Dental General Practice Residency frequently asked questions
Frequently asked questions about the VA Salt Lake City health care Dental General Practice Residency.
Q: What is the length of the program?
A: 12 months
Q: Does a general dentist cover clinic for specialty procedures?
A: In addition to 3-5 general dentists available for consults and instruction, the clinic has part-time specialists in endodontics, periodontics, prosthodontics, oral medicine and oral surgery.
Q: Do residents do cleanings on their own patients?
A: At times it may be appropriate for a resident to perform cleanings. The clinic has one full-time hygienist that supports the residents and staff dentists, and during the school year also has dental hygiene students providing preventive care.
Q: Are there dental assistants available for the residents?
A: Yes. Assistant assignments are made daily.
Q: How often are the GPR residents on call for emergencies after hours?
A: Every fourth week.
Q: Are residents allowed to "moonlight" outside the VA during the residency?
A: Residents must be present for all clinical activities from 8:00 a.m. to 4:30 p.m., Monday through Friday, but must also be available on a 24-hour basis. Therefore, no employment, dental or otherwise, is allowed outside the VA facility.
Q: What rotations are available?
A: Anesthesia and Primary Care.
Q: What other certifications are available?
A: Advanced Cardiac Life Support (ACLS) certification is taught at the beginning of the year, and is required for IV sedation training.
Q: How many hours do you work per week? Not just clinic time but studying also?
A: Official clinic hours are 7:30 a.m. to 5:00 p.m., but there are some before and after clinic hours lectures. Residents probably average 50 hours per week - including studying and projects. At the beginning of the year, there is much more studying to get you ready for the kind of procedures done in clinic - i.e. IV sedation, ACLS course, full mouth rehabs, etc.
Q: How much of your own lab work do you do? (i.e. Do you wax your own dentures?) How good is the lab work you get back? (i.e. Do you spend forever adjusting crowns?)
A: Most lab work is done by the in-house lab. Some lab work is sent to the VA laboratory in Texas. It is recommended that residents do diagnostic wax ups of large esthetic and implant cases. The lab will pour impressions, mount cases, and section and trim dies. Residents can do more lab work if desired, but time would probably be better spent working on other projects and learning how to do new procedures/surgeries/implants - to get the greatest benefit. The quality of the in-house lab is very good. The biggest advantage of the in-house lab is that they are available to discuss the case with the practitioner in person.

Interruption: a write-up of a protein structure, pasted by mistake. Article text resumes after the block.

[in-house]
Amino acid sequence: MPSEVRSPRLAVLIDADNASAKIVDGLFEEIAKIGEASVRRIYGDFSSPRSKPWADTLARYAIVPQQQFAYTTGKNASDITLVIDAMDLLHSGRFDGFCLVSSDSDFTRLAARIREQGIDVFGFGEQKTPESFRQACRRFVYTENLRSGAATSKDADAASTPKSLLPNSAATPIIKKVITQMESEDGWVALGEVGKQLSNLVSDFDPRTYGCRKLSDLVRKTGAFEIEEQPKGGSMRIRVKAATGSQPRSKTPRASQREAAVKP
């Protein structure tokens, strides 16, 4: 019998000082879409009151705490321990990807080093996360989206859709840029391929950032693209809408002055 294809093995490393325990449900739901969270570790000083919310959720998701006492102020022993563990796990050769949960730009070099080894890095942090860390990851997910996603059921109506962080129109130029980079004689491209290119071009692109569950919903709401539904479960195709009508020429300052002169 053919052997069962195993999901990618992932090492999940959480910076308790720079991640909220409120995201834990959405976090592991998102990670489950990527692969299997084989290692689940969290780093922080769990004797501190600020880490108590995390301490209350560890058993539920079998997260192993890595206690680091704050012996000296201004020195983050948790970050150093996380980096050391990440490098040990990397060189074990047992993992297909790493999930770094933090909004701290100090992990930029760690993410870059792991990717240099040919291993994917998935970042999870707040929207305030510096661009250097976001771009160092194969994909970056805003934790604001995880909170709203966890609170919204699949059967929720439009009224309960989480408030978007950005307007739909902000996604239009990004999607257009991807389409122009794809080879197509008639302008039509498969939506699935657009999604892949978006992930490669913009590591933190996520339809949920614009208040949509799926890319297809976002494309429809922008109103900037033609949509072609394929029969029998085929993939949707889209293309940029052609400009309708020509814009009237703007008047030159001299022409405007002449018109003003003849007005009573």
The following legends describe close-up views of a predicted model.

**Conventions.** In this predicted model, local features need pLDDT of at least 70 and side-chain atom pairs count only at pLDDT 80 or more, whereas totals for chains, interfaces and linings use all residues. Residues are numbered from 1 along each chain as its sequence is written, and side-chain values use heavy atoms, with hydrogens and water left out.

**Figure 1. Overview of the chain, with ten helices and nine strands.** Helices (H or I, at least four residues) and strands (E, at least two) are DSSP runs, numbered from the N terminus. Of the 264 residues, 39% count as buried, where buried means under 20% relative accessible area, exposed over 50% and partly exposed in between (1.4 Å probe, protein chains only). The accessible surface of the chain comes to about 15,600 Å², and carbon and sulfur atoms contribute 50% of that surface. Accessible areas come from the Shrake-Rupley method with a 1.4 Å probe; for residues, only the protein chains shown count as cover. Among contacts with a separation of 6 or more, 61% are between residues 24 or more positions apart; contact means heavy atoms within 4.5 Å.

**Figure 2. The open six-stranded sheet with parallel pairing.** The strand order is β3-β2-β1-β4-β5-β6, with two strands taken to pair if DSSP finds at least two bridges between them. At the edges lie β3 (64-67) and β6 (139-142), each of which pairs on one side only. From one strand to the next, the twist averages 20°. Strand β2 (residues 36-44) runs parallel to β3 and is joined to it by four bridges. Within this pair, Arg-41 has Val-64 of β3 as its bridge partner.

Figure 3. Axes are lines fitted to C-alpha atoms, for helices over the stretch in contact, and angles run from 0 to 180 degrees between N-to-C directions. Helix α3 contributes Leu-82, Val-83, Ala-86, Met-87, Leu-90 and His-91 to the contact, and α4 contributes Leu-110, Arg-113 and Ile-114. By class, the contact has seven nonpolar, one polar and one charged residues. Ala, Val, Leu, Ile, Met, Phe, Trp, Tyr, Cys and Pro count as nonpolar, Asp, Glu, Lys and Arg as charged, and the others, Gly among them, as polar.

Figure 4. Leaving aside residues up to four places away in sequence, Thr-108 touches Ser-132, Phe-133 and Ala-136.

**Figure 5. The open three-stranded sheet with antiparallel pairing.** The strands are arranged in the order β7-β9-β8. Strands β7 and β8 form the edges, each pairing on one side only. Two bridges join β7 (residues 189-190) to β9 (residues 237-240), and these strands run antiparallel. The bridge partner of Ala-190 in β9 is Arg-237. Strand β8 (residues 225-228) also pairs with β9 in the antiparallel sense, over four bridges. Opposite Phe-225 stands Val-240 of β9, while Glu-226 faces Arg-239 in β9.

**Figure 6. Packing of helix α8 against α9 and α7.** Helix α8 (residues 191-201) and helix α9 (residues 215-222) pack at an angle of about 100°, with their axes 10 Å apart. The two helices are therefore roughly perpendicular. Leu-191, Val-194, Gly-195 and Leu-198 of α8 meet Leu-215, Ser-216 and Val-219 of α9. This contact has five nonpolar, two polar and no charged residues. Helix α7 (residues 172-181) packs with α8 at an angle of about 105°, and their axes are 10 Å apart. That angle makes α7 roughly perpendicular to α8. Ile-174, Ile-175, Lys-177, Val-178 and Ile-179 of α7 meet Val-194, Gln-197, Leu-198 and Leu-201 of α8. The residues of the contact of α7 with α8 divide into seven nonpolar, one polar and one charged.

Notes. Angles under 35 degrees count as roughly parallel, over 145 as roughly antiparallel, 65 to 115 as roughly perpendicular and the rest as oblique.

Q: What is the pediatric experience like?
A: Due to patient population, there is no treatment of pediatric patients. However, there are pediatric and orthodontic lectures on the first and second Friday mornings of the month.
Q: What are the strengths and weaknesses of the program in regards to procedures?
A: Strengths: Periodontics, Endodontics, Prosthodontics, Implants. Weaknesses: Pedodontics, 3rd molar extraction (limited cases due to population)
Q: Can your patients afford the best work or are you always dealing with payment and Medicare limitations?
A: The dentistry is free. However, the patients must be eligible and there are different levels of eligibility. Most of our patients are eligible for comprehensive care. There is no shortage of cases.
If there are additional questions concerning this program or the application process, please call at 801-584-1206 or address correspondence to:
Michael R. Slater, D.D.S.
Director, General Practice Residency Program
Dental Service (160)
500 Foothill Drive
Salt Lake City, UT 84148